Some of U.S. president-elect Donald Trump's nastiest attacks have been directed at China. He has accused it of "raping" the United States with its trade policies, and of creating global warming as a "hoax" to undermine U.S. competitiveness. Why, then, are many Chinese policy advisers and commentators sanguine about future U.S.-China relations?
The reasoning seems to be that Trump is a businessman, and, to paraphrase former U.S. president Calvin Coolidge, the business of China is business. China, the thinking goes, can work with a swashbuckling dealmaker like Trump better than with a supposedly "ideological" Hillary Clinton. The revelation that Trump and Taiwan leader Tsai Ing-wen spoke by telephone has probably shattered that hope.
It is therefore unlikely the incoming U.S. administration will be anything but a bull in a China shop. That phone call violated a protocol－avoidance of direct contact between the U.S. and Taiwan at the leadership level－which Democrat as well as Republican presidents have carefully observed for four decades.
Trump then aggravated the diplomatic breach by asking, in a series of tweets, if China consulted with the U.S. before depreciating its currency or building a massive military base in the South China Sea.
But by calling into question the one-China policy, Trump is playing with fire. Careful and deft management by both Republican and Democratic administrations has helped maintain the fragile peace between the Chinese mainland and Taiwan. For the U.S., the primary objective is to maintain the status quo, by dissuading Taiwan from actively seeking "independence" and discouraging the mainland from pressuring Taiwan into a speedy reunification.
In another tweet, Trump asked why he shouldn't directly engage with Tsai when the U.S. is selling Taiwan billions of dollars worth of weapons. Feigned or not, such bafflement from the U.S. president-elect is truly worrying. The U.S. sells Taiwan military equipment, but it deliberately attenuates this message by refusing to engage with Taiwan at the highest levels to disabuse the island of the notion that it can count on U.S. support if it ever actually declares "independence".
Peace has survived multiple leadership changes on both sides of the Taiwan Straits. And trade and investment between Taiwan and the mainland have flourished.
A break with the long-established policy by Trump would be damaging in many ways. For starters, he could embolden Taiwan to be more aggressive in trying to upend the status quo. Tsai and her Democratic Progressive Party have not yet sought to realize their revisionist goals, but that could change if she feels Trump is sympathetic to her cause.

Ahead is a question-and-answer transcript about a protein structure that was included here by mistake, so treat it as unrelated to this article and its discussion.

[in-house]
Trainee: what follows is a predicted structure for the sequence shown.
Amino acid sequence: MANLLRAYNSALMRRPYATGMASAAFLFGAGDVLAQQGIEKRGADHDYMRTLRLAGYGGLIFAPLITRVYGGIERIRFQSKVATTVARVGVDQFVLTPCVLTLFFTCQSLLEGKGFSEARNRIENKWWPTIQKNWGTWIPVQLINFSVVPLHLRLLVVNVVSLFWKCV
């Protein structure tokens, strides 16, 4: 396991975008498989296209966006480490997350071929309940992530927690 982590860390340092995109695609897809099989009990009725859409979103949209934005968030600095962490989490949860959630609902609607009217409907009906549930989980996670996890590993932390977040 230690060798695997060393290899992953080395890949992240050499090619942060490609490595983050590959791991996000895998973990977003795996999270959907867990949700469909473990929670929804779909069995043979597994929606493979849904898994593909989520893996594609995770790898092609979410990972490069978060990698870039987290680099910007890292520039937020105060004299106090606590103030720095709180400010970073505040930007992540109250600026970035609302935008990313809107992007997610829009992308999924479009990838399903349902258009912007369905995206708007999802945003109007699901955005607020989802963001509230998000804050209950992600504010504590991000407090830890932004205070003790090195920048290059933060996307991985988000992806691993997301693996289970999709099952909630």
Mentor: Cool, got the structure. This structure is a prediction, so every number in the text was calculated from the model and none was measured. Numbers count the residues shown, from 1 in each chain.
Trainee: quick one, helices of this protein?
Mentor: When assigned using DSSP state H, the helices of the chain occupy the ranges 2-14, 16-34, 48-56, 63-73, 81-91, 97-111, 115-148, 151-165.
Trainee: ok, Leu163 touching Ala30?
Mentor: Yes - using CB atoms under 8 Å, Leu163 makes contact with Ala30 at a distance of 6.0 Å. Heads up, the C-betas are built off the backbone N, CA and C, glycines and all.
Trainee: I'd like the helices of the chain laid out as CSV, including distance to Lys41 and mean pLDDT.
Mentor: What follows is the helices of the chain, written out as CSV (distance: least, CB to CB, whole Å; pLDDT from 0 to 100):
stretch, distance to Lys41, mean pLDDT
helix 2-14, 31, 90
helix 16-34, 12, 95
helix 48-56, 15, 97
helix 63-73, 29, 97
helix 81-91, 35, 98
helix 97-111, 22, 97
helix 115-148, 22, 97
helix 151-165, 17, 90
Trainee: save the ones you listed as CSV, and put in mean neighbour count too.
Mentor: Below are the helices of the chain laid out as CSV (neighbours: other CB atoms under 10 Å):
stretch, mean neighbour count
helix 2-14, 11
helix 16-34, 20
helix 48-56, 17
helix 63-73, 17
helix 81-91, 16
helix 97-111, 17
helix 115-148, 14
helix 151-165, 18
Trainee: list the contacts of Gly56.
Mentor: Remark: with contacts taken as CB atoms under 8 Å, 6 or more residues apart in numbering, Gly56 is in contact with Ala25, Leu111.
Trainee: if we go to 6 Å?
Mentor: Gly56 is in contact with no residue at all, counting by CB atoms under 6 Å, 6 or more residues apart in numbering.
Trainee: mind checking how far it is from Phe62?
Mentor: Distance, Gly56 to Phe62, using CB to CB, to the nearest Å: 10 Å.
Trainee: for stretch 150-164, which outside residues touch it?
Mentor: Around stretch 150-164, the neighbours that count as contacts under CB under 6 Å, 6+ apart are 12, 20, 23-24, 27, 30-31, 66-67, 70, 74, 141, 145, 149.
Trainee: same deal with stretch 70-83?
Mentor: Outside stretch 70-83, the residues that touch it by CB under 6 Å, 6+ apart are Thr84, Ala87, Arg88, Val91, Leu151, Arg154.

Trump could also do damage by inflaming China, if he confirms its belief that the U.S. wants to undermine its "core interests". The Chinese Foreign Ministry initially voiced mild criticism of Trump's conversation with the island leader. But the People's Daily has since issued a far stronger rebuke, warning that "creating troubles for the China-U.S. relationship is creating troubles for the U.S. itself", which clearly signaled China's agitation.
There is no method to Trump's madness. In the tweet justifying his phone call, he also repeated a false charge that China is depreciating its currency to gain export advantages vis-a-vis the U.S.. His knowledge of international economics is either non-existent or 10 years out of date. In reality, China is now hemorrhaging foreign exchange reserves and desperately trying to prop up the renminbi's value in the face of capital flight.
Trump is antagonizing China for no good reason. But by announcing that the U.S. will withdraw from the Trans-Pacific Partnership agreement－designed, at least in part, to shape global trade and investment flows according to Western rules, rather than China's vision of globalization－Trump is also abandoning a U.S. policy that could have checked China's surging influence in Asia. Since Trump's TPP announcement, many Asian countries have pledged to join a regional trade bloc spearheaded by China. With Trump's help, the "Chinese Century" may arrive sooner than anyone expected.
By attacking China on phantom grounds and dismantling the TPP, Trump is provoking Beijing while simultaneously empowering and enabling it. This is not the art of the deal. It's the road to disaster.
The author Yasheng Huang is a professor of Global Economics and Management at the Sloan School of Management of Massachusetts Institute of Technology.